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Updated: February 2009. Click on an image to see the FULL size with a caption.
With a population between 3 and 4 million, over 75% Chinese, Singapore is a small city-country well known for being efficient and safe, with a mouthwatering food scene and great shopping. Although it is one of the 20 smallest countries in the world, its economy is a world leader, and has the world's busiest port in terms of tonnage handled. The name Singapore was derived from Malay words singa (lion) and pura (city).
The main island was a fishing village sparsely populated by indigenous Malays and Orang Lauts. In 1819, Sir Thomas Stamford Raffles landed on the main island and, seeing its potential, Raffles signed a treaty with Sultan Hussein Shah on behalf of the British East India Company to develop Singapore as a trading post and settlement.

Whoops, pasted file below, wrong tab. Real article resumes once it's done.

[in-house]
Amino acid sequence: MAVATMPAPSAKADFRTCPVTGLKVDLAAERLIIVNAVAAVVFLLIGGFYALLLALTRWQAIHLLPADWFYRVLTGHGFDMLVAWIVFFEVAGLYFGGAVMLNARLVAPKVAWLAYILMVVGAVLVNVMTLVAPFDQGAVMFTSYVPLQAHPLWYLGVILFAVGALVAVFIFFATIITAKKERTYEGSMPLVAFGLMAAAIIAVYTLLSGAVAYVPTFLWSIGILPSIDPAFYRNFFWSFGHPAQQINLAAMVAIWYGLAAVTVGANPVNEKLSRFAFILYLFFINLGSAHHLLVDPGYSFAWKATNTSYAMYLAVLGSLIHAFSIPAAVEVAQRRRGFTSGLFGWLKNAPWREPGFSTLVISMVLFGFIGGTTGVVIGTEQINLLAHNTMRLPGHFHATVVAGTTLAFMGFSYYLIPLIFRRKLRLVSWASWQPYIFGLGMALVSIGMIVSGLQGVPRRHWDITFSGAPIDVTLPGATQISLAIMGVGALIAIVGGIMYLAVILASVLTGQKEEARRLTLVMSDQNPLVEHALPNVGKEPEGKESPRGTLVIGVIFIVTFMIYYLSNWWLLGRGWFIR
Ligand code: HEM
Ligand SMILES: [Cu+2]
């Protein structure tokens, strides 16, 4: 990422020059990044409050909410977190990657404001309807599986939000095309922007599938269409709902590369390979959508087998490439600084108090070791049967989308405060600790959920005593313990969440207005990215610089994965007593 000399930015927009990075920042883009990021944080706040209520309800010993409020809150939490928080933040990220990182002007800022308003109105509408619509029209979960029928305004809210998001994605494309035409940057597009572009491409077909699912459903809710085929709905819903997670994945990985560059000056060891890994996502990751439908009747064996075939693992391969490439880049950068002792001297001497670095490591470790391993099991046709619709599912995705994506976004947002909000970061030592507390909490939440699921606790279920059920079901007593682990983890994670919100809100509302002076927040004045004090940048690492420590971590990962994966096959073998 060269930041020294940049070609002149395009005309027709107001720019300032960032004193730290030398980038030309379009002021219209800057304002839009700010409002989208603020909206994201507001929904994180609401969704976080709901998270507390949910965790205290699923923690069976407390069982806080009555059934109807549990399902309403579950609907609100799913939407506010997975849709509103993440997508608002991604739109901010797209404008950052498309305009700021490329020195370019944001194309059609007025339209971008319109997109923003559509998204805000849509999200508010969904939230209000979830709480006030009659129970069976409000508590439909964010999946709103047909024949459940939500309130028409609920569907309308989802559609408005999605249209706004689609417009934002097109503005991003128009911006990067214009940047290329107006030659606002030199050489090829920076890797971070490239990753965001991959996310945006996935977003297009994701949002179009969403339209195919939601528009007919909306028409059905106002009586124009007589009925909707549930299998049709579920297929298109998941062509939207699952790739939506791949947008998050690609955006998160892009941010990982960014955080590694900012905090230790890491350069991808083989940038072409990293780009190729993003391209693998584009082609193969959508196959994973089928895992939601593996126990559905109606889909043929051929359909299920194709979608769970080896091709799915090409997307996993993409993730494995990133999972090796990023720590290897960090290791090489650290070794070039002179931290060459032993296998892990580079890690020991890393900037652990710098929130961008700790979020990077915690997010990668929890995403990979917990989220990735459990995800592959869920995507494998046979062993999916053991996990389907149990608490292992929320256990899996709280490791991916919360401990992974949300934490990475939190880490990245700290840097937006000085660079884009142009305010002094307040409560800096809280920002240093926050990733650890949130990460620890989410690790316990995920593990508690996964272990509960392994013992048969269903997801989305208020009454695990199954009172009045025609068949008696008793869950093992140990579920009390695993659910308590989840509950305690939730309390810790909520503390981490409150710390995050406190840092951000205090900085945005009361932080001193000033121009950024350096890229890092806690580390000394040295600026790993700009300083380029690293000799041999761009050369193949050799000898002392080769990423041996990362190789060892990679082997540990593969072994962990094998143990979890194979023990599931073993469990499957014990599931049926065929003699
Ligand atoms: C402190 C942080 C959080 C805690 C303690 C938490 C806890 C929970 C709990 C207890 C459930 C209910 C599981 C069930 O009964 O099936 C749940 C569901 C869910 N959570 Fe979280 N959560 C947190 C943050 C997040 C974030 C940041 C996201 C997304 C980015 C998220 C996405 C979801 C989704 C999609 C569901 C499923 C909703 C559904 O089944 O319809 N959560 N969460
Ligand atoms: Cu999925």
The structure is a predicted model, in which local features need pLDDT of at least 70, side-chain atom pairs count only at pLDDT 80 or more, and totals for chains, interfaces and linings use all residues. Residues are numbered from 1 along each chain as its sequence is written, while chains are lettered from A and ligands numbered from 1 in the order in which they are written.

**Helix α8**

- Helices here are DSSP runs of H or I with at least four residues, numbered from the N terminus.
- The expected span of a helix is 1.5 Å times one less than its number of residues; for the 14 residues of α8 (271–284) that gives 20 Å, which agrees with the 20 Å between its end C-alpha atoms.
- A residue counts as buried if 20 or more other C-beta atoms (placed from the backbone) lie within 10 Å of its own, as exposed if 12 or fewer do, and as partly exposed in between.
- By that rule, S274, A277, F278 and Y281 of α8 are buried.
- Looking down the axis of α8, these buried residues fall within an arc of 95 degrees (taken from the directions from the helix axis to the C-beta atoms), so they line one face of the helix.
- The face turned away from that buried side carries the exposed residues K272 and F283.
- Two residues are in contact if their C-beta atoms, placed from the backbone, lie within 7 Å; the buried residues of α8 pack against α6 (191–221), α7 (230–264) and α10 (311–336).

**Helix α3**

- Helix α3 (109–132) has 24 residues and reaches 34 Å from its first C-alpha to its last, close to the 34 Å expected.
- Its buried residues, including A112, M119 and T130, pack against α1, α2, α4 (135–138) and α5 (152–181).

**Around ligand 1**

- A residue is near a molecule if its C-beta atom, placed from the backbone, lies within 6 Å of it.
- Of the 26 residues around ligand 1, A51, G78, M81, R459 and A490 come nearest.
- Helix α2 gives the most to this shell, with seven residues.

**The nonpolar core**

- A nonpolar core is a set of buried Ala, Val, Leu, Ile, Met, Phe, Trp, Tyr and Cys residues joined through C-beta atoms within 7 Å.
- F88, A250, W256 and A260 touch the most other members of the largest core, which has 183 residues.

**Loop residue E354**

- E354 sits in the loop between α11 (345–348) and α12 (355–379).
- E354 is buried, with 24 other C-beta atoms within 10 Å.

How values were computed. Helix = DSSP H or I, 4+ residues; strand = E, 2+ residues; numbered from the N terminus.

Occupied by the Japanese Empire during World War II, it reverted to British rule in 1945 and was later part of the merger which established Malaysia in 1963. Singapore acquired independence in 1965. During Lee Kuan Yew's term as prime minister from 1959 to 1990, his administration curbed unemployment, raised the standard of living and implemented a large-scale public housing program.